“On the island, we have experiences you can only get because they’re mine. We have treasure hunts, and the Olympics, and magical stuff happens to you. I’ve rigged the island to have really cool stuff take place. But on the airplane right now, I’m working on experiences where every hour on the hour, I’d come on the screen, and if the guest wants to do it or choose to do it, I’d do an interactive piece of magic with the guests on the plane, where the magic happens to them in their hands with me on their screen talking back and forth to them. Right now, we’re in the process of developing that for our guests that fly. Literally, I’m staring at props and things that the guests would have on the plane, but again, it’s a choice. If people want to get on the plane and sleep the whole time or have some great food, then obviously that’s something we can do, just like on the island. Some people just want to play bongo drums and have lobster, and that’s no problem. You don’t need to have a ‘magical’ experience — that’s magic enough. But if you want interactive experiences that are unlike anything else, we provide that, too.
“There was a magic effect that was done on a plane, that I didn’t do, but if was done for me. A guy named Clay Lacy, he’s a big private airplane aficionado. Years ago, on one of my episodes, I made an airplane disappear. It was Clay Lacy’s airplane, and it was at Van Nuys airport. And as part of the show, it starts with my flying in his Learjet, and the Learjet had my face on the tail temporarily — he was a good friend of John Lear, he was a real expert pilot. Well, he took me up in the plane to get some air-to-air footage, meaning from one plane shooting the other plane, so you can see me in the cockpit. He says, ‘You’re a magician, so I’ll show you some magic.’ And he’s flying the plane, I’m sitting in the co-pilot’s seat. He pours a glass of champagne as he’s flying the plane, and he puts the full glass of champagne on the dashboard of the Learjet, and says, ‘Watch this.’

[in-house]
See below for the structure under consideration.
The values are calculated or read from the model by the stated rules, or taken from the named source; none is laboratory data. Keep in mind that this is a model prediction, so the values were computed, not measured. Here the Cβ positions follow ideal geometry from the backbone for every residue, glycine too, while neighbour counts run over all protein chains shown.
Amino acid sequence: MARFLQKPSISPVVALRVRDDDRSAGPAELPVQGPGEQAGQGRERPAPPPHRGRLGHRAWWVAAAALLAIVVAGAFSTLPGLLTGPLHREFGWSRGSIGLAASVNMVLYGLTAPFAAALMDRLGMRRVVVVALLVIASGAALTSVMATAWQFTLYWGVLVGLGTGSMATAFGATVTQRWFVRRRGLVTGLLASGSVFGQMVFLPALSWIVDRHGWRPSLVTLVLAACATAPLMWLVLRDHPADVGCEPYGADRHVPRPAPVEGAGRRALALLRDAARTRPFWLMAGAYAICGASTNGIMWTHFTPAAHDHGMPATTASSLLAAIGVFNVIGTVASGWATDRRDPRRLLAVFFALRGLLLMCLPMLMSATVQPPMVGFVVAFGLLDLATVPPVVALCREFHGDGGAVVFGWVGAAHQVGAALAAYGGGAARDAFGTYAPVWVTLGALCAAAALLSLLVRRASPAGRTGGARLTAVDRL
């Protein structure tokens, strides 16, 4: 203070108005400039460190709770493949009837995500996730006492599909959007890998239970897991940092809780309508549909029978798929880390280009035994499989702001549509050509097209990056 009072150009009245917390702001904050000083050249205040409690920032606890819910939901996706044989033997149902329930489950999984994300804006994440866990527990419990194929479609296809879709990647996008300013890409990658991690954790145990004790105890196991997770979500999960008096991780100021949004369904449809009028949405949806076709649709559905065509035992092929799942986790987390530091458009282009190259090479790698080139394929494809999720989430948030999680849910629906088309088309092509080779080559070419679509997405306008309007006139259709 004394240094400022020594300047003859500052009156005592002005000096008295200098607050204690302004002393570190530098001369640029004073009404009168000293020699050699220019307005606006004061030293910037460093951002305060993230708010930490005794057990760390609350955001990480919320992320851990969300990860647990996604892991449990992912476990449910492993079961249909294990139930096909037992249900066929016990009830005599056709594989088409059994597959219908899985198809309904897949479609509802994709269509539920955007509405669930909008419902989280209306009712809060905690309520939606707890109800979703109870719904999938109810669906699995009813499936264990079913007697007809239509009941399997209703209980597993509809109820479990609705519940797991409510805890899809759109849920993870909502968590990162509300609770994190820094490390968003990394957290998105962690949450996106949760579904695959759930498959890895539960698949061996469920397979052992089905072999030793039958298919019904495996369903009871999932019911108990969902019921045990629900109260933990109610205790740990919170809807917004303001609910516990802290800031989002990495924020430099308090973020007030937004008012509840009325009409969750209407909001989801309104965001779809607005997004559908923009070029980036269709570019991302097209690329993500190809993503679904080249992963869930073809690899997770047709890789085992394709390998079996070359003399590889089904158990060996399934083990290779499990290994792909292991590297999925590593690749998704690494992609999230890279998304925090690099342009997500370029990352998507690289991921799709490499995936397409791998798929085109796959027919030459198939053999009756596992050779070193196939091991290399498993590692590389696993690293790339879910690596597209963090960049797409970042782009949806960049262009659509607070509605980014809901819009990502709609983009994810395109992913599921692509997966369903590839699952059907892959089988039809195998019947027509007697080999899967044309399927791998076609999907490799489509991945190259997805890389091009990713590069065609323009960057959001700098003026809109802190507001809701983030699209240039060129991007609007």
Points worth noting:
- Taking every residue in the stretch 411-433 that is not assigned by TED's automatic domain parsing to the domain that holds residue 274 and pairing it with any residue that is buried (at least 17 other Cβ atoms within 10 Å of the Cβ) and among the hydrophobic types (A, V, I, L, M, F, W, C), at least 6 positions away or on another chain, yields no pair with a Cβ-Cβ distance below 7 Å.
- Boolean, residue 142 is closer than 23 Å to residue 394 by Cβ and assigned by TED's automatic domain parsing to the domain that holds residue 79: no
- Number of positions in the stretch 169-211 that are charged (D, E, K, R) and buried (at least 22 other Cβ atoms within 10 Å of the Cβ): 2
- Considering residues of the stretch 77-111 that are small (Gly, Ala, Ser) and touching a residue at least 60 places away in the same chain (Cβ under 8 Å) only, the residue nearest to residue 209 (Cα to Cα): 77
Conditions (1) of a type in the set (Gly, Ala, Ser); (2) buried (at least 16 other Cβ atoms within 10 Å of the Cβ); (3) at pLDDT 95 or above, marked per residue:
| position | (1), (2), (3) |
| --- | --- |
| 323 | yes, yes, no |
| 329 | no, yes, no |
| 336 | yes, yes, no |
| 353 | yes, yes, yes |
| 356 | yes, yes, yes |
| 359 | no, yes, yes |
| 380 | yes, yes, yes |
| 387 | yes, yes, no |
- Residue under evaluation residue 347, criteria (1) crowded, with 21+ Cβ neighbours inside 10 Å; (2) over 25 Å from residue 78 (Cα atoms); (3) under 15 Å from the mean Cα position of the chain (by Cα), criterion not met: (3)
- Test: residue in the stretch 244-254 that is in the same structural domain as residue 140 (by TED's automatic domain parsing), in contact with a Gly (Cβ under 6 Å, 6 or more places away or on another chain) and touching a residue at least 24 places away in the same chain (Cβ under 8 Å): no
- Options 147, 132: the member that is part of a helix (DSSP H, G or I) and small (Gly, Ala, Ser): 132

“He takes the plane and he turns it upside down, and the champagne glass doesn’t spill, because as he’s turning the plane upside down, he’s descending at the same time, so the plane is dropping upside down, so the glass stays where it is and the champagne stays in the glass. Then he makes the plane right-side, and he takes the champagne and he has me drink it. It was an amazing thing that apparently he does for his friends, but I got to see a piece of magic midair, and that was pretty cool.”
Window seat or aisle?
“Window seat, always.”
What’s the one place you’d still love to visit?
“Iceland. I haven’t been, I’ve seen amazing videos, I have friends that have been there. Horses are important in my family, so riding horses ... We love Bjork, and what she’s contributed creatively, and, you know, she’s the queen of Iceland. We’ve never met, but I’ve gained a lot of inspiration from her videos.”
Is there anything that you’re currently working on that you can tell us about?
“My show is brand new. I’ve tried to take magic in new directions my whole life, whether it’s walking through the Great Wall of China or the Statue of Liberty vanishing — even telling stories about my life using magic as a way of inspiring people, it’s always been very important to me. The new show now deals with the new language of magic. It deals with spaceships, and aliens and time travel and dinosaurs — things you can’t find in any magic book. My show really consists of a very immersive experience at the MGM Grand. And I love the fact that we’ve been experimenting and taking it to directions, it’s a real sensory experience. There’s magic happening above you, behind you, all around. I’m continuing to work on new material on that show, so there’s always something new in the show to see.”
Editor's note: This interview has been lightly edited for length and clarity.